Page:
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Body/Bodies Series Lecture: Ann Cvetkovich - "The Sovereignty of the Senses"

Event Type
Presented by IPRH and the Department of Gender and Women’s Studies, with co-sponsorship by the Spurlock Museum.
Knight Auditorium, Spurlock Museum (600 S Gregory St, Urbana)
Mar 6, 2014   4:00 pm  
Ann Cvetkovich
Originating Calendar
Illinois Program for Research in the Humanities (IPRH)

This presentation will draw from a larger project that aims to articulate notions of sovereignty, democracy, and freedom in affective and sensory terms. It conceives of sovereignty as an embodied practice rather than an abstract concept and as something that must be learned and experienced collectively over time rather than as a fixed and final condition of a sovereign or discrete individual or nation. Focusing in particular on how my work on affect has been informed by art practice, the talk will develop the concept of the “sovereignty of the senses” through a discussion of Alison Bechdel’s graphic narrative memoir, Are You My Mother?; the work of Haisla/Hieltsuk First Nations writer Eden Robinson; and queer and feminist installation projects by Zoe Leonard, Rachael Shannon, and Karin Michalski that use built environments to transform affective, sensory, and social experience.

A reception will follow the lecture.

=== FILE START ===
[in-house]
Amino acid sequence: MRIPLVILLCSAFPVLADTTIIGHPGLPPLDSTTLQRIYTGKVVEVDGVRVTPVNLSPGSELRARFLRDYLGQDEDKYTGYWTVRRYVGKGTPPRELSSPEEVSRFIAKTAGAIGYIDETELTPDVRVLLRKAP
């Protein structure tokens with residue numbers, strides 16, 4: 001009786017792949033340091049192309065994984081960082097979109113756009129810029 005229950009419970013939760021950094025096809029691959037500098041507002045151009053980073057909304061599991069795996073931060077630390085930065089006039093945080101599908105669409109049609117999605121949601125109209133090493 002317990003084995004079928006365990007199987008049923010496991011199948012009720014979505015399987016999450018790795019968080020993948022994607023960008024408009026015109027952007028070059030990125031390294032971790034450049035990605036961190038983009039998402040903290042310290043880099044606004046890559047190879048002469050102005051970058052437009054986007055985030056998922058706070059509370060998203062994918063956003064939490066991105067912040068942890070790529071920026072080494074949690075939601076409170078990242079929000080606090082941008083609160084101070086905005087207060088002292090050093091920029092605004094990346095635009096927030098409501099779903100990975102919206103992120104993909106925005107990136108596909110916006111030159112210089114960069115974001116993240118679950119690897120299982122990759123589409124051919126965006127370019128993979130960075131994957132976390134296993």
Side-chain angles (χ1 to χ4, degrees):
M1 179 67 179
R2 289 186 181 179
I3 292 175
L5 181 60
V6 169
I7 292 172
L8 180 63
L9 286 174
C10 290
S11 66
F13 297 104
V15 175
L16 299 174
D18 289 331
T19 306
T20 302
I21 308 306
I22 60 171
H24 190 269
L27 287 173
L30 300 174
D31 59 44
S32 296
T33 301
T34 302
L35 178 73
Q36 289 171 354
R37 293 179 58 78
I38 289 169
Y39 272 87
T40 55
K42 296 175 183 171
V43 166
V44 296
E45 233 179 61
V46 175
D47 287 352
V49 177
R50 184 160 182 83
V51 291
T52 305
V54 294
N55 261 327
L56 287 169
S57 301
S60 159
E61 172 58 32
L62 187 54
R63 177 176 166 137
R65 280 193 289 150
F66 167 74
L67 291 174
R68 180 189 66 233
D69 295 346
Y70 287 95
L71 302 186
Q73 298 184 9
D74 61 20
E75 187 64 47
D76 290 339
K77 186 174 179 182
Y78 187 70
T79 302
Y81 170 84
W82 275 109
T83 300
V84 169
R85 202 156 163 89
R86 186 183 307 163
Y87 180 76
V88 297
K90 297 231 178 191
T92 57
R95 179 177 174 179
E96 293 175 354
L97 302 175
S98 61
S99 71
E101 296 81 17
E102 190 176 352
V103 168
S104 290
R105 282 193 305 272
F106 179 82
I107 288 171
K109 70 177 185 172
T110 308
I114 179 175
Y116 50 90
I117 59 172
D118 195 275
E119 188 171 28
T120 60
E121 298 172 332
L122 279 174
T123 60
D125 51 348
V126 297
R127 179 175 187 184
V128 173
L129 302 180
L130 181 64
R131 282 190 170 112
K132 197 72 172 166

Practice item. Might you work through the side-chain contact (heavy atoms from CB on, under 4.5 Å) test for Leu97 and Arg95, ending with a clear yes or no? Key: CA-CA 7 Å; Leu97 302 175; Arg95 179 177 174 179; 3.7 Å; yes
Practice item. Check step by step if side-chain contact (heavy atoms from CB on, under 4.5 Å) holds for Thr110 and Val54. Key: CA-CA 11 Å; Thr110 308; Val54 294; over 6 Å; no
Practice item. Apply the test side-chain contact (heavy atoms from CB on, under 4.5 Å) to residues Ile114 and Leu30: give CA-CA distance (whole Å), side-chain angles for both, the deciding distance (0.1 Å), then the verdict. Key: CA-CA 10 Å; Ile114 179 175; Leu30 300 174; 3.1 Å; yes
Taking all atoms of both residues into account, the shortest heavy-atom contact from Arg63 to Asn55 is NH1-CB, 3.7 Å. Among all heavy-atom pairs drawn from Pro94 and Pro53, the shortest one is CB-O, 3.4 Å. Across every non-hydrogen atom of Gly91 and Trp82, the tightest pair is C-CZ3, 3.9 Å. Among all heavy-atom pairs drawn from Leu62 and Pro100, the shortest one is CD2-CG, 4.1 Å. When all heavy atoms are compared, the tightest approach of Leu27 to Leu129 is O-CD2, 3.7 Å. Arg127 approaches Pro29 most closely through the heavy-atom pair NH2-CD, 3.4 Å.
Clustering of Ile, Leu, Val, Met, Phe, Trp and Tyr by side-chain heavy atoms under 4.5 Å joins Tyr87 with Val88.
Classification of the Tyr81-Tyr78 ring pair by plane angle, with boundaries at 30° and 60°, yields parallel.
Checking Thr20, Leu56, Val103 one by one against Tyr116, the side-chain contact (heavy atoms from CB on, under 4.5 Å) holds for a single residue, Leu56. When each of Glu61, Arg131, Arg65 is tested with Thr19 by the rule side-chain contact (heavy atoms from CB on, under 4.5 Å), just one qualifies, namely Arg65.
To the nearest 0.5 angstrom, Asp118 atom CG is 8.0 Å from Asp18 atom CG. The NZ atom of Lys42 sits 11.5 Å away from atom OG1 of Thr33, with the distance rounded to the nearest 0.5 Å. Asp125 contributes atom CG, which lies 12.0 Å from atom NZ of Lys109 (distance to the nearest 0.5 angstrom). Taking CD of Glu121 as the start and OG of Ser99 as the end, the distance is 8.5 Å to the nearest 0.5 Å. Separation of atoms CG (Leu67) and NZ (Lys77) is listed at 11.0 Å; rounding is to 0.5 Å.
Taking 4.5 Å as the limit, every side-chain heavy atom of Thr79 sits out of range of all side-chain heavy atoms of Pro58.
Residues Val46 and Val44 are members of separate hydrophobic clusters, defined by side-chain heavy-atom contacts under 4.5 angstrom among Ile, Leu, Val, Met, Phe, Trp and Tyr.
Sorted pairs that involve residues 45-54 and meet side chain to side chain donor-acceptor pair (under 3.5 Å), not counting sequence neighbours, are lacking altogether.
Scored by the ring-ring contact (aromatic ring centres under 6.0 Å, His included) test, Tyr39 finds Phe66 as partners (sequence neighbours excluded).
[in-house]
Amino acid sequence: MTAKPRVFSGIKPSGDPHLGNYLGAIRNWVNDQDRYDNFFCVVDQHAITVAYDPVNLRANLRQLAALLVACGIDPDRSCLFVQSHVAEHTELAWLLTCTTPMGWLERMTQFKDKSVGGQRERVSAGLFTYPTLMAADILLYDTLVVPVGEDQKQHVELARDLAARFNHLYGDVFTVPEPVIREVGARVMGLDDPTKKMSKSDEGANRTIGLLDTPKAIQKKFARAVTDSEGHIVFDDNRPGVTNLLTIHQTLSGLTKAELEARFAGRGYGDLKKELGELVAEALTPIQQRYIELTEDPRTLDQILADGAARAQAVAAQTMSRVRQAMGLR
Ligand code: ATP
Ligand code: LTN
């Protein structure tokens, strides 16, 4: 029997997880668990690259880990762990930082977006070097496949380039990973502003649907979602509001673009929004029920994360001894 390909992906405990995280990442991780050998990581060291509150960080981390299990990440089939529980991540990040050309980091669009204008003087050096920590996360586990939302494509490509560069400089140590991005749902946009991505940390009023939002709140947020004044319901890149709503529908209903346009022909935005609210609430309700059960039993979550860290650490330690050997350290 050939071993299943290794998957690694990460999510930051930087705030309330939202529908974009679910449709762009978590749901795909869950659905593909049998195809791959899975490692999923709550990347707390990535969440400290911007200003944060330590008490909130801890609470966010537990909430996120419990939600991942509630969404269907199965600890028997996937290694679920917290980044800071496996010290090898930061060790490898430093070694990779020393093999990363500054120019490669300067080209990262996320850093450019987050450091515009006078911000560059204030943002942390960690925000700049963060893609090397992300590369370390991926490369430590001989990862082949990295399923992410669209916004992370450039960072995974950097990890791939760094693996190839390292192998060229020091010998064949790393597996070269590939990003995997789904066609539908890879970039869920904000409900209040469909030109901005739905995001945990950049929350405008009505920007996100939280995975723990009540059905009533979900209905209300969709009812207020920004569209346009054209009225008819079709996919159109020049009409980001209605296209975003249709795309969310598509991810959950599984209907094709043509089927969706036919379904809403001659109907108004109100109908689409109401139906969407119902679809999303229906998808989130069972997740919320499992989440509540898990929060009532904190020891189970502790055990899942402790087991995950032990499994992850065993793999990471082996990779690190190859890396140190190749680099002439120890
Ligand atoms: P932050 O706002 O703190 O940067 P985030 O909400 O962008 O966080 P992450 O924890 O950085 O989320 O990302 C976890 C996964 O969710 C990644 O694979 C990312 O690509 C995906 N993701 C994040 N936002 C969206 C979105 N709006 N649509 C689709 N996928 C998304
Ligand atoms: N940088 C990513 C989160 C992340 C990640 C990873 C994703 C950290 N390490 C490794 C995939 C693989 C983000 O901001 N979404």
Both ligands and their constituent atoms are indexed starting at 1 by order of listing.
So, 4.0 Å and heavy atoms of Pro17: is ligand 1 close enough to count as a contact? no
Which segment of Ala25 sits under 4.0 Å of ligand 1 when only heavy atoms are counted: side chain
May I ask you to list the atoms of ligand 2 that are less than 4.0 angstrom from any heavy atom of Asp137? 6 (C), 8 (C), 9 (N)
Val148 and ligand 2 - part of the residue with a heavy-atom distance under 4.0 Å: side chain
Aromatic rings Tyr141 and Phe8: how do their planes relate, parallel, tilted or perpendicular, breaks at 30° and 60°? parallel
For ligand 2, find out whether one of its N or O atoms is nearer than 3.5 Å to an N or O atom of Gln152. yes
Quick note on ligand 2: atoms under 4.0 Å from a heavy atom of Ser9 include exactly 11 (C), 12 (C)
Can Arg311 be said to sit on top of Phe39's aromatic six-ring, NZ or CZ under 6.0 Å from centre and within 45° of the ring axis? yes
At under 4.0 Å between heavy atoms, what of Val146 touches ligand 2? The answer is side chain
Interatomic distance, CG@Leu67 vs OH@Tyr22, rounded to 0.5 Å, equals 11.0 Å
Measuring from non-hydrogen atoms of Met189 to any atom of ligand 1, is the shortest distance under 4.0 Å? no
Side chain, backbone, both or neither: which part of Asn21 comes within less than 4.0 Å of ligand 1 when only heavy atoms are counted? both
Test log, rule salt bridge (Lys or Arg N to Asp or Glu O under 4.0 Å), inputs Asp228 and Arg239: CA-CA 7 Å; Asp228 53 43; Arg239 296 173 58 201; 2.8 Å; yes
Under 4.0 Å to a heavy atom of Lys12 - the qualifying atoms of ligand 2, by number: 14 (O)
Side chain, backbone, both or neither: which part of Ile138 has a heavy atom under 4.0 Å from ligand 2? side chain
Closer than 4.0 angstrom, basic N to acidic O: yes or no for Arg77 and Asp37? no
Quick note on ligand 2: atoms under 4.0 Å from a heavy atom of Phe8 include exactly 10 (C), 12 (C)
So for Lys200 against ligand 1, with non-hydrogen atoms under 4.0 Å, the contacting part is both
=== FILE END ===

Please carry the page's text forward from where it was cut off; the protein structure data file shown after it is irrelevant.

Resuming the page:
This event is free and open to the public. 

About the speaker: 

Ann Cvetkovich is Ellen Clayton Garwood Centennial Professor of English and Professor of Women’s and Gender Studies at the University of Texas at Austin. She is the author of Mixed Feelings: Feminism, Mass Culture, and Victorian Sensationalism (Rutgers, 1992); An Archive of Feelings: Trauma, Sexuality, and Lesbian Public Cultures (Duke, 2003); andDepression: A Public Feeling (Duke, 2012). She co-edited (with Ann Pellegrini) “Public Sentiments,” a special issue of The Scholar and Feminist Online, and (with Janet Staiger and Ann Reynolds) Political Emotions (Routledge, 2010). She has been coeditor, with Annamarie Jagose, of GLQ: A Journal of Lesbian and Gay Studies. Her current writing projects focus on the current state of LGBTQ archives and the creative use of them by artists to create counterarchives and interventions in public history.

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